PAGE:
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 2017 IWC / Rotary Youth Leadership Camp

INDIGENOUS youth aged 12 to 16 took part in a five-day Youth Leadership Camp held in Bundaberg from June 26-30.

“The issue of leadership among our youth and young adults is a big one in our communities, and lack of connection to cultural heritage can be a factor in substance abuse,” said the head of IWC’s Community Programs Lee Hammond.

IWC delivered the five-day residential camp in partnership with the Rotary Clubs of Bundaberg East and Sunrise. The program was modelled on the RYPEN (Rotary Youth Program of Enrichment) with the involvement of Aboriginal and Torres Strait Islander Traditional Owners and Elders. Both boys and girls were involved.

“IWC has a big focus on the ‘turning point’ years which start around 10, and it is vital that we help our children to develop and form their own values and moral standards,” said Ms Hammond.

“This camp was not aimed at youth who had a clear life map, but youngsters who were at risk of falling out of the mainstream system and would benefit from a structured approach to dealing with underpinning causes of disengagement and the social issues that can result from that.”

The IWC’s Community Programs include an Indigenous Alcohol & Other Drugs (AOD) counsellor and social worker, and Youth Support Workers, all of whom were actively involved in the delivery of the workshop. IWC’s Dietitian also was part of the education sessions.

The camp was held at a rural property owned by IWC which sits just outside Bundaberg, with 30ha of farmland along with accommodation, a commercial kitchen and workshops.

“This premises, with its land and accommodation, was ideal for this camp and also offered easy access to local beaches and creeks. During this camp, we took the opportunity to deliver education and training in traditional Indigenous skills including fishing, crabbing and other bush tucker gathering,” said Ms Hammond.

“Creative workshops, sports, cultural activities including dancing and music, as well as workshops on key topics including Alcohol & Other Drugs, personal goals, peer and family relationships, sexual health, nutrition and hygiene.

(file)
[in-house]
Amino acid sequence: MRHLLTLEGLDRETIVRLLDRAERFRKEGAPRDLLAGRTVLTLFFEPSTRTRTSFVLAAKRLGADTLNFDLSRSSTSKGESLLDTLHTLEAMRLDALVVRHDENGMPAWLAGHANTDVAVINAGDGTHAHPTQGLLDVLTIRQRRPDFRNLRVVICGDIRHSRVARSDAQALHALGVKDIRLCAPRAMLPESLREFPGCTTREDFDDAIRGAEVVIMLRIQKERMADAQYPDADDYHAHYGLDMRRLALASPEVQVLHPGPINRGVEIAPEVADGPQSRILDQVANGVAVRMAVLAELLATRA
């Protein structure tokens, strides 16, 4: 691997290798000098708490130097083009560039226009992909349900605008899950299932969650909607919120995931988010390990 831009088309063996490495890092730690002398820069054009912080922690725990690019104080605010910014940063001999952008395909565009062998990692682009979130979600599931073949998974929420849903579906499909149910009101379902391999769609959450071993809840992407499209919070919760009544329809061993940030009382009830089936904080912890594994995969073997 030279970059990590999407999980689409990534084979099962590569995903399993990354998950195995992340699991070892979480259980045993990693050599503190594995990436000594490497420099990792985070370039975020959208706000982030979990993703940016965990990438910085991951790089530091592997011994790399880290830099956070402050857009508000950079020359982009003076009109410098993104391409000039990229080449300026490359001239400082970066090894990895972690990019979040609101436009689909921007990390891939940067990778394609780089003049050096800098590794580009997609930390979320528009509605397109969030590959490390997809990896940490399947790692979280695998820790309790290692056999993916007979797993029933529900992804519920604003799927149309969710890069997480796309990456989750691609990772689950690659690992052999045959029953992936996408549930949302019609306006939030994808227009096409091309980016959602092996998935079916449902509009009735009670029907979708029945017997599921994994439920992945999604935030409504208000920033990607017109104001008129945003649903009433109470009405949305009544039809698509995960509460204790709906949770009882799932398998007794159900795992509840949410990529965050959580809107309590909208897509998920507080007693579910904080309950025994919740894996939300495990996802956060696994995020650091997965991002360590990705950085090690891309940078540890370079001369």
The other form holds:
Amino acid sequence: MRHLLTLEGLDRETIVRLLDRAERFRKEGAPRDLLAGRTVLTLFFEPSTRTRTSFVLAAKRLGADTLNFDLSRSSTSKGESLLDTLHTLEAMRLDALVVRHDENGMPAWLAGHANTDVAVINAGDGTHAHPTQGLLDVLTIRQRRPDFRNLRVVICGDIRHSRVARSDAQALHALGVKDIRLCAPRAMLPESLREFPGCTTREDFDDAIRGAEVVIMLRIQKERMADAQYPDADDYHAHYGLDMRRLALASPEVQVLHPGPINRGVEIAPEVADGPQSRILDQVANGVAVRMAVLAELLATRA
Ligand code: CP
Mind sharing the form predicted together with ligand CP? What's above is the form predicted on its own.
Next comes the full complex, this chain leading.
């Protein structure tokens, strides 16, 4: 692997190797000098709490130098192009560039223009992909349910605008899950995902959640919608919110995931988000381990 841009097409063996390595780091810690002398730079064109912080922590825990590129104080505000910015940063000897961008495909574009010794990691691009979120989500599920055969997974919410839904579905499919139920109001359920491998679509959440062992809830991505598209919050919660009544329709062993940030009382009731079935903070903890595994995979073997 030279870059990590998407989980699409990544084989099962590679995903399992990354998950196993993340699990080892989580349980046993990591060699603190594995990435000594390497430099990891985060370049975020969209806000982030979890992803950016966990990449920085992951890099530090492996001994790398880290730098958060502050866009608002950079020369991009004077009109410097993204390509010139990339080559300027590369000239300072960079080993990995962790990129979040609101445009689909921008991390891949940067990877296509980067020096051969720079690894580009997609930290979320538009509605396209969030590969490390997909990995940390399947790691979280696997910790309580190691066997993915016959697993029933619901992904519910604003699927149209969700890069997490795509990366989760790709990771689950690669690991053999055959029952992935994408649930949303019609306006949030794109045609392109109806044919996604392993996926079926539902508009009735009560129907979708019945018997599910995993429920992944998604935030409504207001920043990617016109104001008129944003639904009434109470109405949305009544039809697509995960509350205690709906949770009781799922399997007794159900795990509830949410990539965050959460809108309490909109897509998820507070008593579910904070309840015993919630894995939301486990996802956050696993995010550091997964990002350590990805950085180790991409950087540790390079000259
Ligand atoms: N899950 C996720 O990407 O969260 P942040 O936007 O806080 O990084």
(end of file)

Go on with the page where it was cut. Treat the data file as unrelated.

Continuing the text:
“At the heart of it all was team building, and there was a campfire yarnin’ session held each evening. Traditional Owners and Elders were involved in those sessions, as well as providing guidance and support around cultural activities.”

It follows another recent successful partnership aimed at Indigenous youth in the “turning point” years that was delivered with The Waves sporting club in Bundaberg. Working with IWC, the club’s coaches provided a Skills Development Program for more than 40 boys and girls aged 10-15, with training provided over a five-week period. The sessions included fitness, emotional wellbeing, peer and family relationships, Alcohol & Drugs, nutrition and diet, and achieving personal goals.

“That was an excellent pathway program for some of the participants in the Leadership Camp, and the feedback around both the Skills Development and Camp events has been outstanding.

 

Through this intensive one-on-one and group approach - with a focus on building the skills, capabilities and self-esteem of our youth – we are making real headway.”

The outcomes and learnings from the youth involved in both the Camp and the Skills Development sessions will feed into a forum for Indigenous youth to be held by IWC later this year.

“This is all part of the consultation at grassroots community level around what the solutions are to so many personal and social issues being faced by our youth today,” said Ms Hammond.

 

“We are very much aware of the issues around suicide in our communities, and government statistics show that the suicide rate of Aboriginal and Torres Strait Islander peoples is 2.6 times the rate for non-Indigenous peoples, and that Indigenous peoples take their lives at a younger age.”

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